Monday, December 11, 2006

Technological Diffusion Characteristics as a Policy Tool

I would like to thank Frank for the introduction and for his intriguing posts last week. This week I will present a paper that looks at the relationship between privacy and the diffusion -- the adoption -- of two new technologies: genetic testing and the Internet. The paper seeks to promote the project of conceptualizing a general theory of law and technology in two ways:

First, throughout history new technologies repeatedly destabilized the value of privacy. Examples are ubiquitous and wide-ranging, including the camera, the birth control pill and computer databases. I propose here that there is a relationship between the technological characteristics that affect a technology's diffusion process and the type of privacy controversies that evolve. I suggest that by focusing on diffusion technological characteristics (for example, whether a technology is centrally diffused or decentralized) we could accomplish two goals. We could develop tools that would help us predict in advance which technologies are going to create certain types of privacy issues. We could also develop principles that would formulate policy guidelines for resolving specific techno-privacy controversies.

Second, I chose two technologies that are rarely studied together: genetic testing and the Internet. My goal was to show that helpful insights can be drawn by taking a broader view that incorporates technologies, which seemingly have little in common.

I am going to focus in the paper on two case studies: genetic discrimination and commercial privacy norms on the Internet. In both cases I have used empirical data to assess how much privacy we currently have and how the diffusion process was affected. In each case study I identify the diffusion characteristics that affect the privacy result and then discuss how diffusion characteristics can be incorporated into the decision-making process.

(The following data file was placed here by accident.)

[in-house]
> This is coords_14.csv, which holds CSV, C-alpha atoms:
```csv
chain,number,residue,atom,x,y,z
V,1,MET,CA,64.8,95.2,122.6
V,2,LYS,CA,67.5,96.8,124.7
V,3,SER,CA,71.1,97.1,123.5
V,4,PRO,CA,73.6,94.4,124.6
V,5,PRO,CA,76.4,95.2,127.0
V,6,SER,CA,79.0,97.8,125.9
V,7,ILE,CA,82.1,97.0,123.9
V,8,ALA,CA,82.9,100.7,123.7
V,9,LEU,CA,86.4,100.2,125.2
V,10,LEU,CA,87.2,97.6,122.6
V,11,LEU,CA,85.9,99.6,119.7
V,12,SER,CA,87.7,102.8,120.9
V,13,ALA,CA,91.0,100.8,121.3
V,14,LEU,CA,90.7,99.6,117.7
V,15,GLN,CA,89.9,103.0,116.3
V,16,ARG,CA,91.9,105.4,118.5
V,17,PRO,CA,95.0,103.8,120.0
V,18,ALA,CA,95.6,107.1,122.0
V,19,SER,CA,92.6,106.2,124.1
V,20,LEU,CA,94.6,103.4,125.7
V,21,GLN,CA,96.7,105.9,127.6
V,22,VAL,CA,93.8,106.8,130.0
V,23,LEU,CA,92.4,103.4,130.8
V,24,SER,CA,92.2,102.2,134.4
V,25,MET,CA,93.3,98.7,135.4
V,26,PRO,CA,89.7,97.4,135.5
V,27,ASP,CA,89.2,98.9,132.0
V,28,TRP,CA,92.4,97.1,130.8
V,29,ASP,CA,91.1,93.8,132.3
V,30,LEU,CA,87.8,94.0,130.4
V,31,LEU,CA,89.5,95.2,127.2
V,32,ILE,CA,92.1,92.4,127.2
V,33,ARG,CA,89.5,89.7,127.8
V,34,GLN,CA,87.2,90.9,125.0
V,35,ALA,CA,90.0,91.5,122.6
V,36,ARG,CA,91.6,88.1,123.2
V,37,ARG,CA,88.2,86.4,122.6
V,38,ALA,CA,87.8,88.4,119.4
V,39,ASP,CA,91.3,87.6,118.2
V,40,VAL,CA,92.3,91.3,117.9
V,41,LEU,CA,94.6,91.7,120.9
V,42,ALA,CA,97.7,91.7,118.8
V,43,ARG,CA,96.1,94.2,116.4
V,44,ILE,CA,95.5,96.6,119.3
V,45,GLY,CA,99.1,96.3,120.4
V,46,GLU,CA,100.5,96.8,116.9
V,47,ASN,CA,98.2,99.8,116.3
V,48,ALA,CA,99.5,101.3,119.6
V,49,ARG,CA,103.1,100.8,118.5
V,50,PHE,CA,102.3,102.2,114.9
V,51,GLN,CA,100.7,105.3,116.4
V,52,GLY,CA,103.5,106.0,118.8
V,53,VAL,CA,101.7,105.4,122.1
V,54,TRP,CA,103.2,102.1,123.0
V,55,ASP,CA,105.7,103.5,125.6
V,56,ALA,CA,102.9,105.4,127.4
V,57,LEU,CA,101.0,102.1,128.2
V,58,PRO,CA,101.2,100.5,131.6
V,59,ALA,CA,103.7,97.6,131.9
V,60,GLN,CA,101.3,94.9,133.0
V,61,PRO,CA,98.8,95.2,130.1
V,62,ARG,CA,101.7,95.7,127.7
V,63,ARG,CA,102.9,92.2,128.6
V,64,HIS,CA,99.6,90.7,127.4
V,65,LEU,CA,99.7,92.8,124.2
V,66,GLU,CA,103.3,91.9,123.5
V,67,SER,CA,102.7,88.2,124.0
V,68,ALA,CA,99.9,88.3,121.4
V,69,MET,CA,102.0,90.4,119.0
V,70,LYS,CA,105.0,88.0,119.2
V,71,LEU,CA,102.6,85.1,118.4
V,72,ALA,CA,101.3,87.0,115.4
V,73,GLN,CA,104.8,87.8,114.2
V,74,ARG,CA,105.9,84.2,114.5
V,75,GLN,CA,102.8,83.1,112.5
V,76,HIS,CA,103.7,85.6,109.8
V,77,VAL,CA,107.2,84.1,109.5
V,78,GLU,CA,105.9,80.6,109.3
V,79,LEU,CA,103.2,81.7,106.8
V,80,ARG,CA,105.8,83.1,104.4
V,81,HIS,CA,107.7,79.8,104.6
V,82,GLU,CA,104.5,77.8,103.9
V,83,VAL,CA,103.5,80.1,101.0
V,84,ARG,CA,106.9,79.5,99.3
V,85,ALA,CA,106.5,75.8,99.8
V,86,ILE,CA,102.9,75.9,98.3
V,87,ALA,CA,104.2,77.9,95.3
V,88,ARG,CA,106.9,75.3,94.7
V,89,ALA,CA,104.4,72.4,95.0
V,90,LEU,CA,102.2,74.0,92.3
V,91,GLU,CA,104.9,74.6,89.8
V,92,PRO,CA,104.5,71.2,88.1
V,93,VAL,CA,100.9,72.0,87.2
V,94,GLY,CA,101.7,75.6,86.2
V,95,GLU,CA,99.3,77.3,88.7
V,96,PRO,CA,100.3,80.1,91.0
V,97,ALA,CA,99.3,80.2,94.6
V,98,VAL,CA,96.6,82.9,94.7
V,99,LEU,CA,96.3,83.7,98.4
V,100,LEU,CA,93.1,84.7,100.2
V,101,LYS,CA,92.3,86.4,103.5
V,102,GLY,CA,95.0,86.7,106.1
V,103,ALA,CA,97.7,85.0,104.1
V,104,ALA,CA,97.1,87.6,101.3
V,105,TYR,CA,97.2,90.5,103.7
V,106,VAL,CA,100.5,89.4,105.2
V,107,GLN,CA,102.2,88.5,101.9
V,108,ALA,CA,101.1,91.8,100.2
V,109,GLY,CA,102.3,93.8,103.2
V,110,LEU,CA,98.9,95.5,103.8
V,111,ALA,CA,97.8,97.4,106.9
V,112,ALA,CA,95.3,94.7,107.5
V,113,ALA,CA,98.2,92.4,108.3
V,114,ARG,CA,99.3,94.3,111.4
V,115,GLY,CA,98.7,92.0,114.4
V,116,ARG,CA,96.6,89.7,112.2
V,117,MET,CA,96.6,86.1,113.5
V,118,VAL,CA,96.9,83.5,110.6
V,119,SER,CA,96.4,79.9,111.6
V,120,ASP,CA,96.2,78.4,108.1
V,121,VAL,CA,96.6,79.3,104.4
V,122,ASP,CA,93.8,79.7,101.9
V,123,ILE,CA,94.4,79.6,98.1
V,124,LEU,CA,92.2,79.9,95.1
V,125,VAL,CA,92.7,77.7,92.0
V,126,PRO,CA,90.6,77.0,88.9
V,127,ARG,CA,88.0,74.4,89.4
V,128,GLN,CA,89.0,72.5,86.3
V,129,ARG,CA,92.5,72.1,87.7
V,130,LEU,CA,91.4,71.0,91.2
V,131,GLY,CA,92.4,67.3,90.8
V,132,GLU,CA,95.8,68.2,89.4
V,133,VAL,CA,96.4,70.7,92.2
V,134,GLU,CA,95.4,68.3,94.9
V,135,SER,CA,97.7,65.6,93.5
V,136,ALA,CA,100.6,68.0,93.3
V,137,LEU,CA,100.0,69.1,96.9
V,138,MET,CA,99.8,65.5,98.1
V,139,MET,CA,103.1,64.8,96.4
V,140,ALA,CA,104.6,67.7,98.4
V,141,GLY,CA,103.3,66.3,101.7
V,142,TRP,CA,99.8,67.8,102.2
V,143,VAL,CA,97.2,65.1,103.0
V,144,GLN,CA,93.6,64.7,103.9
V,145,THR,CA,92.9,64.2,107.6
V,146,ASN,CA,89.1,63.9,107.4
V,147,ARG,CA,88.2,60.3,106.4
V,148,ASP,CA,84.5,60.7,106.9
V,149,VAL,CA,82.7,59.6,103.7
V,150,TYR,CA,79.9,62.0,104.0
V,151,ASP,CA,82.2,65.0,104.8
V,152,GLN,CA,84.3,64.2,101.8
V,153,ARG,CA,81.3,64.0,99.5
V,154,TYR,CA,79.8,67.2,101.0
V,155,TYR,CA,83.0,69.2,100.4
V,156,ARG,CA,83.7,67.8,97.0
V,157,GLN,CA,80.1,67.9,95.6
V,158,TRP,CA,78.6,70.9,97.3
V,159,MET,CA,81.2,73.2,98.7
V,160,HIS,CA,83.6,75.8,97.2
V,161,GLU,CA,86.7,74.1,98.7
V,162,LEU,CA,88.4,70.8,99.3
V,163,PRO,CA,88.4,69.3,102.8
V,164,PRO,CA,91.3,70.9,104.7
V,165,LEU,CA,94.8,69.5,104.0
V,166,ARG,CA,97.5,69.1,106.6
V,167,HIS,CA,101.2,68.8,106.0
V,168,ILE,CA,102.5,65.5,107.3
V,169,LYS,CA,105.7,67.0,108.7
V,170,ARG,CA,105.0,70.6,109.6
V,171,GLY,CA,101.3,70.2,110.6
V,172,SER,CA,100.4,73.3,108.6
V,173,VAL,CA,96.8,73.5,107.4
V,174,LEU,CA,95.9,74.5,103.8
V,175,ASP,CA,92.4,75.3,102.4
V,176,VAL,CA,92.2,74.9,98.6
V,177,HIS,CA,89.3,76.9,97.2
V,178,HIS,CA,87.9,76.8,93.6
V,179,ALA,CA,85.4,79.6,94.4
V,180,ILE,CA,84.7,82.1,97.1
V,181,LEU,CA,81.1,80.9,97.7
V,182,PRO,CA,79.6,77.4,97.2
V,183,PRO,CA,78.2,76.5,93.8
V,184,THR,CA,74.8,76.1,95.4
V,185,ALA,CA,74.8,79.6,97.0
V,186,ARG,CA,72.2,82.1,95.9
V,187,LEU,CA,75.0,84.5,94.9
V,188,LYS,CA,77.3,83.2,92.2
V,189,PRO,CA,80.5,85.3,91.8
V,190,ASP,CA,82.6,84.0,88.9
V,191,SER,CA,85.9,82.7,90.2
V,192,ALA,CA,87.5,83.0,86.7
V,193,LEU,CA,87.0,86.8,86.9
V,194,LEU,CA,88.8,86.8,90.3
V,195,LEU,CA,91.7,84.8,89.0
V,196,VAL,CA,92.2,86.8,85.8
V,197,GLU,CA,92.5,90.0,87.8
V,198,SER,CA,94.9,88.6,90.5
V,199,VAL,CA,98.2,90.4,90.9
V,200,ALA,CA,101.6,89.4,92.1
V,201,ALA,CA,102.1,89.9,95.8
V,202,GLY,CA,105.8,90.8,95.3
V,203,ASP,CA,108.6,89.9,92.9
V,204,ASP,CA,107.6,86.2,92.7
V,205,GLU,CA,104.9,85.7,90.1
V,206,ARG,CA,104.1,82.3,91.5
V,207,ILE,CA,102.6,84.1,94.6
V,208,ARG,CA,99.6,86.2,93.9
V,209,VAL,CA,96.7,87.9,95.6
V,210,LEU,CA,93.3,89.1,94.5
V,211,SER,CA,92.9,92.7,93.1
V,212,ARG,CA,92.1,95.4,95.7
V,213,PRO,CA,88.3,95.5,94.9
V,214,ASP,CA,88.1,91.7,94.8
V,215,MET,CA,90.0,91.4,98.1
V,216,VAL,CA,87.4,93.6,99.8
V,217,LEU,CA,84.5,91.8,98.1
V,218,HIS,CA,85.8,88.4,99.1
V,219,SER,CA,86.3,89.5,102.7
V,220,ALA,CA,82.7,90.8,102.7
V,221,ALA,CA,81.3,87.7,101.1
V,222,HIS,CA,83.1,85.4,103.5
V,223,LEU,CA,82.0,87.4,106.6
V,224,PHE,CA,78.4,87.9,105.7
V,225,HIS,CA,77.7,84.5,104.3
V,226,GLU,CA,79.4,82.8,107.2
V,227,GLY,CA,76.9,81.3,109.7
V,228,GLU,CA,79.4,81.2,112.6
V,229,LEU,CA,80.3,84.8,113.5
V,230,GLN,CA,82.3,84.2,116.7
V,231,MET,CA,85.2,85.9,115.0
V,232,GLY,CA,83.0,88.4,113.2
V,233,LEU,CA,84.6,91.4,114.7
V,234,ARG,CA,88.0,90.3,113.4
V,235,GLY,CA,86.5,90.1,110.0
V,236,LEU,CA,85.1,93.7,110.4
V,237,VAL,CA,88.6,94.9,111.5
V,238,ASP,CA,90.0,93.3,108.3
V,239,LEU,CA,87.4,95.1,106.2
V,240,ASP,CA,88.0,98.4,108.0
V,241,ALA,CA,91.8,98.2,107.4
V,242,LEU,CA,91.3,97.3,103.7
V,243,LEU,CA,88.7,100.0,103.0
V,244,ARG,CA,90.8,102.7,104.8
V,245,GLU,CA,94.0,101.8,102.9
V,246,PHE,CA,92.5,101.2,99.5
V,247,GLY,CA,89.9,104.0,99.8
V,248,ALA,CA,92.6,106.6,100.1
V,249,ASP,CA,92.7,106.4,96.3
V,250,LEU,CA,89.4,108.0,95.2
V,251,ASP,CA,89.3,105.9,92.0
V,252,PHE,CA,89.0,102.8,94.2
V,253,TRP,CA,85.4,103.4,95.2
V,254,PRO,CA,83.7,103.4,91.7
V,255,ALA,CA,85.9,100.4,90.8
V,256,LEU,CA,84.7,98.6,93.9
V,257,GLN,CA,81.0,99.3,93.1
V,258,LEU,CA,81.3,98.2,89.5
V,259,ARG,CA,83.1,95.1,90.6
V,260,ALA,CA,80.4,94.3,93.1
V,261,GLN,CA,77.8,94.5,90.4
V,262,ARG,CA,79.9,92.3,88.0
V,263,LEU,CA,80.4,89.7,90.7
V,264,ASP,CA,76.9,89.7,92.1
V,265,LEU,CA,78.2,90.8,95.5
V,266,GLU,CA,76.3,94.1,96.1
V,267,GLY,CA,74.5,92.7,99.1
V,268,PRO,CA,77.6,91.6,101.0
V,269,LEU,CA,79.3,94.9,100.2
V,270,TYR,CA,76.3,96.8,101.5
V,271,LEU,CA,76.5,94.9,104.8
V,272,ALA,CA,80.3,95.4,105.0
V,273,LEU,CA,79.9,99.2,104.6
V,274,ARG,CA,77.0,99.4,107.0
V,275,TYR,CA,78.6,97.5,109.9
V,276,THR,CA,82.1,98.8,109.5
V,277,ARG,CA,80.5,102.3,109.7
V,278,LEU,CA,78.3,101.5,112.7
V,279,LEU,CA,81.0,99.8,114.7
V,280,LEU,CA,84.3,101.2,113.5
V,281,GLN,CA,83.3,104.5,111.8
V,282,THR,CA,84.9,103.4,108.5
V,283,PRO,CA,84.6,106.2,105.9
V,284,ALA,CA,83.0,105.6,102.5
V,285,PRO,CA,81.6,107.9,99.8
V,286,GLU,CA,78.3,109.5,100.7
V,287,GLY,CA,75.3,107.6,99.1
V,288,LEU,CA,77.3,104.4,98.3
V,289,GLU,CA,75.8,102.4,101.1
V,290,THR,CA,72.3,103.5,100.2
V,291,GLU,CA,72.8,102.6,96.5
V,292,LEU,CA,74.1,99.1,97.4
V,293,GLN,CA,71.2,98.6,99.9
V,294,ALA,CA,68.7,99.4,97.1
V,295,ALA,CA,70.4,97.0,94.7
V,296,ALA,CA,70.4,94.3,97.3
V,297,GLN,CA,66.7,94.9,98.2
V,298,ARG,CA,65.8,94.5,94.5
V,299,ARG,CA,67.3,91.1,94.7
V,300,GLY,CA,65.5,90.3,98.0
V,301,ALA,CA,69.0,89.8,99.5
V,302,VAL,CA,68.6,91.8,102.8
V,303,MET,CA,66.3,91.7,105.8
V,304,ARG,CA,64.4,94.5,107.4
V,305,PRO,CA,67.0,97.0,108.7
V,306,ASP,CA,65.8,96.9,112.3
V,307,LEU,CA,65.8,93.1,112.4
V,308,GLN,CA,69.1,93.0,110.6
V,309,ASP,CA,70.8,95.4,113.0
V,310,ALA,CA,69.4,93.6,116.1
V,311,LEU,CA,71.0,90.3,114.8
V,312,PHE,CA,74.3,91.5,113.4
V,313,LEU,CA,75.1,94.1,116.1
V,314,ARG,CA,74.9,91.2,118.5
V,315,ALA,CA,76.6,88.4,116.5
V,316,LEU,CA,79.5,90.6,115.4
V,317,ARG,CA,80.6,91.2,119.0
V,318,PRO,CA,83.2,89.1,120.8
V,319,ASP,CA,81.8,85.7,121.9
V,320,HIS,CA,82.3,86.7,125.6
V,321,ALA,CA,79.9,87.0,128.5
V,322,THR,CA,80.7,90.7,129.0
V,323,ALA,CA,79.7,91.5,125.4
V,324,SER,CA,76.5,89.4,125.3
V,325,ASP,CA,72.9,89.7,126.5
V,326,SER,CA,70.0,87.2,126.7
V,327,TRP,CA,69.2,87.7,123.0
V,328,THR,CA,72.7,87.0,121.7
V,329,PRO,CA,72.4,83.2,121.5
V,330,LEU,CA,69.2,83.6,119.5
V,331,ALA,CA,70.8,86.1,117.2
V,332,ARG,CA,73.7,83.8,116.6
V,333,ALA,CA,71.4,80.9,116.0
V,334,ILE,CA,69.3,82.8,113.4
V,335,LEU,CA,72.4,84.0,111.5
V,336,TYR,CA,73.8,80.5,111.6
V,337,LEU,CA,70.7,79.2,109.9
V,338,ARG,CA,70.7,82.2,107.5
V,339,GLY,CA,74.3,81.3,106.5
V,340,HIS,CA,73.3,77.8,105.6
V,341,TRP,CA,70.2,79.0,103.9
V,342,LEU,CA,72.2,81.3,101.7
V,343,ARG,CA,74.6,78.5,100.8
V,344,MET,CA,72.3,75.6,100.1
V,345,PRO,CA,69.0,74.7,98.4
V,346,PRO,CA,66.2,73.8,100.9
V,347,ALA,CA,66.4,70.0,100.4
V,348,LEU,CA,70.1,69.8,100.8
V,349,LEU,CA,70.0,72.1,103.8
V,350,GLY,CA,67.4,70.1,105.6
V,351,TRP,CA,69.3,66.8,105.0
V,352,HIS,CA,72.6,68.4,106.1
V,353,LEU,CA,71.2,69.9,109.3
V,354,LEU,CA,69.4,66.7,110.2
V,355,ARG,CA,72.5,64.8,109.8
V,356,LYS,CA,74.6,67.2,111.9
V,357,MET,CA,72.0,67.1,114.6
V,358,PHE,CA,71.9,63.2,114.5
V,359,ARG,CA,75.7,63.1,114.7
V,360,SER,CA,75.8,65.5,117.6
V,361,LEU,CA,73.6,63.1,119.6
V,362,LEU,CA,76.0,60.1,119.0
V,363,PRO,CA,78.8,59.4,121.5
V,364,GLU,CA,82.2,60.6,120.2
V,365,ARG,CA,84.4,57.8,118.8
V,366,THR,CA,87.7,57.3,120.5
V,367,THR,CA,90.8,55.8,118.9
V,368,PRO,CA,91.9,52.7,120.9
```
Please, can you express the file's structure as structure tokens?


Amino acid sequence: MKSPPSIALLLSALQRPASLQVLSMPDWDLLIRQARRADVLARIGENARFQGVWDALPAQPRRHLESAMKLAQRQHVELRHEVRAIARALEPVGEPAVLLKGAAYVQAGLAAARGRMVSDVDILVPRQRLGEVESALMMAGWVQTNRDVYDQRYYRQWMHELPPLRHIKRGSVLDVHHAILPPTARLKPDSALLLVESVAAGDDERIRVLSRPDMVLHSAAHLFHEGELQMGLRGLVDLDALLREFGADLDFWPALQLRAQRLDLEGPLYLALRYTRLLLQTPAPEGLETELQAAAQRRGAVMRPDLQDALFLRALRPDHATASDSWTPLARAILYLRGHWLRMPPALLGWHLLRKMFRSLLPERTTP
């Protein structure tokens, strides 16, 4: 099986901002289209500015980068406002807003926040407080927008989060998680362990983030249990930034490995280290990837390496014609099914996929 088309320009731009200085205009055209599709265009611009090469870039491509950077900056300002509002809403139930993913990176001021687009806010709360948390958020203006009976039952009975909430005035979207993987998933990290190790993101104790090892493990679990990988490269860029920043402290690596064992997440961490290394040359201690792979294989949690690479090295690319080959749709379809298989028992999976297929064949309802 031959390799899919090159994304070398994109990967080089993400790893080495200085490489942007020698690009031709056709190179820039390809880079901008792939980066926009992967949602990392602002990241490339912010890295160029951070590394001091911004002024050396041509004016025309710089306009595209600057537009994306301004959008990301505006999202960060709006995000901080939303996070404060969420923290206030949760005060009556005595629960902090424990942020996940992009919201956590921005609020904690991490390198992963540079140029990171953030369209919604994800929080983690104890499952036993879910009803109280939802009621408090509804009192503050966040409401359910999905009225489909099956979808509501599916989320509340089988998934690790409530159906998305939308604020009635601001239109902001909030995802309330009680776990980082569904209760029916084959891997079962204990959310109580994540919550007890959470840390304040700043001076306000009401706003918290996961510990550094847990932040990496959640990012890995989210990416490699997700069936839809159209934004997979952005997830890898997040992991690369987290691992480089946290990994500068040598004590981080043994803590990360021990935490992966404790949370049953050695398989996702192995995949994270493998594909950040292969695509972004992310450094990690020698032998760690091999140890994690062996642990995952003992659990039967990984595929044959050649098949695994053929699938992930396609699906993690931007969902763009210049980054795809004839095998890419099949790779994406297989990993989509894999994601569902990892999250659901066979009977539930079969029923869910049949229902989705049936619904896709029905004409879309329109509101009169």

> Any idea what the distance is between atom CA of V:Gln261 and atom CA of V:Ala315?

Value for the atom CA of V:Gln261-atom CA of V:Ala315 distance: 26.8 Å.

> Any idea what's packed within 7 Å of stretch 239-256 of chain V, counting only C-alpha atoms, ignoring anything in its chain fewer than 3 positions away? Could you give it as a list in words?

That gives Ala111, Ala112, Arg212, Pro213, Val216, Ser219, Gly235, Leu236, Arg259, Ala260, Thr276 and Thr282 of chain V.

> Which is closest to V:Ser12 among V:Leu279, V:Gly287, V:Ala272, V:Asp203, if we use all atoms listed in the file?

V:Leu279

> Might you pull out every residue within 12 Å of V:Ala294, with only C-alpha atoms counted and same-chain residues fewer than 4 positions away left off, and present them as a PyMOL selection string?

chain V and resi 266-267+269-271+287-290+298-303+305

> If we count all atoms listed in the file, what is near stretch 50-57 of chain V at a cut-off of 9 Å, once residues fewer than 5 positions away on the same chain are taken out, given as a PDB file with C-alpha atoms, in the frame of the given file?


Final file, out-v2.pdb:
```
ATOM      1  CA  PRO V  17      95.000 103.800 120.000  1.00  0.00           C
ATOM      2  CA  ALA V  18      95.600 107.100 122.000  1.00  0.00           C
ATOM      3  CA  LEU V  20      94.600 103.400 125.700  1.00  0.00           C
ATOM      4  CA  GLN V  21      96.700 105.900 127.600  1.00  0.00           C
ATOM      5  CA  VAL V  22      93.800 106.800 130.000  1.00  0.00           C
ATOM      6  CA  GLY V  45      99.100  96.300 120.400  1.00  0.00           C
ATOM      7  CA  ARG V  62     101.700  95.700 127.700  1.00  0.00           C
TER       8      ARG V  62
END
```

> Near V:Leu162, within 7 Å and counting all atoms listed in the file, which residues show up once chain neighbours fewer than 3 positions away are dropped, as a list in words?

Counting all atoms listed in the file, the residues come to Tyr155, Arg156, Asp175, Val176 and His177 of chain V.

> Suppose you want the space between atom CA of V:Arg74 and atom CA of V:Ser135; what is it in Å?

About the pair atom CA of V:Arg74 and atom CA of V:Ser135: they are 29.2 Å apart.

If anyone is interested in a preview or further substantiation of the week's posts, you can find the full paper here.

2 Comments:

Blogger Lyria Bennett Moses said...

I think Gaia's work helps resolve some of the "but aren't all technologies different so how can you have a theory of law and technology"-type problems. She uses theories of technology diffusion to justify reaching different conclusions about the regulation of different technologies. In other words, a theory of law and technology need not mean the same answer for all technologies, it can instead help decide what differences are relevant.

12/11/2006 9:12 PM  
Blogger Frank said...

I do like the idea of comparing two areas which are often artificially separated in legal discourse by subdisciplinary boundaries. There are "internet law" people, and "health law" people, but rarely do they get to think together about what lessons they might learn from one another.

This paper shows how fruitful that type of exchange can be.

12/12/2006 10:38 AM  

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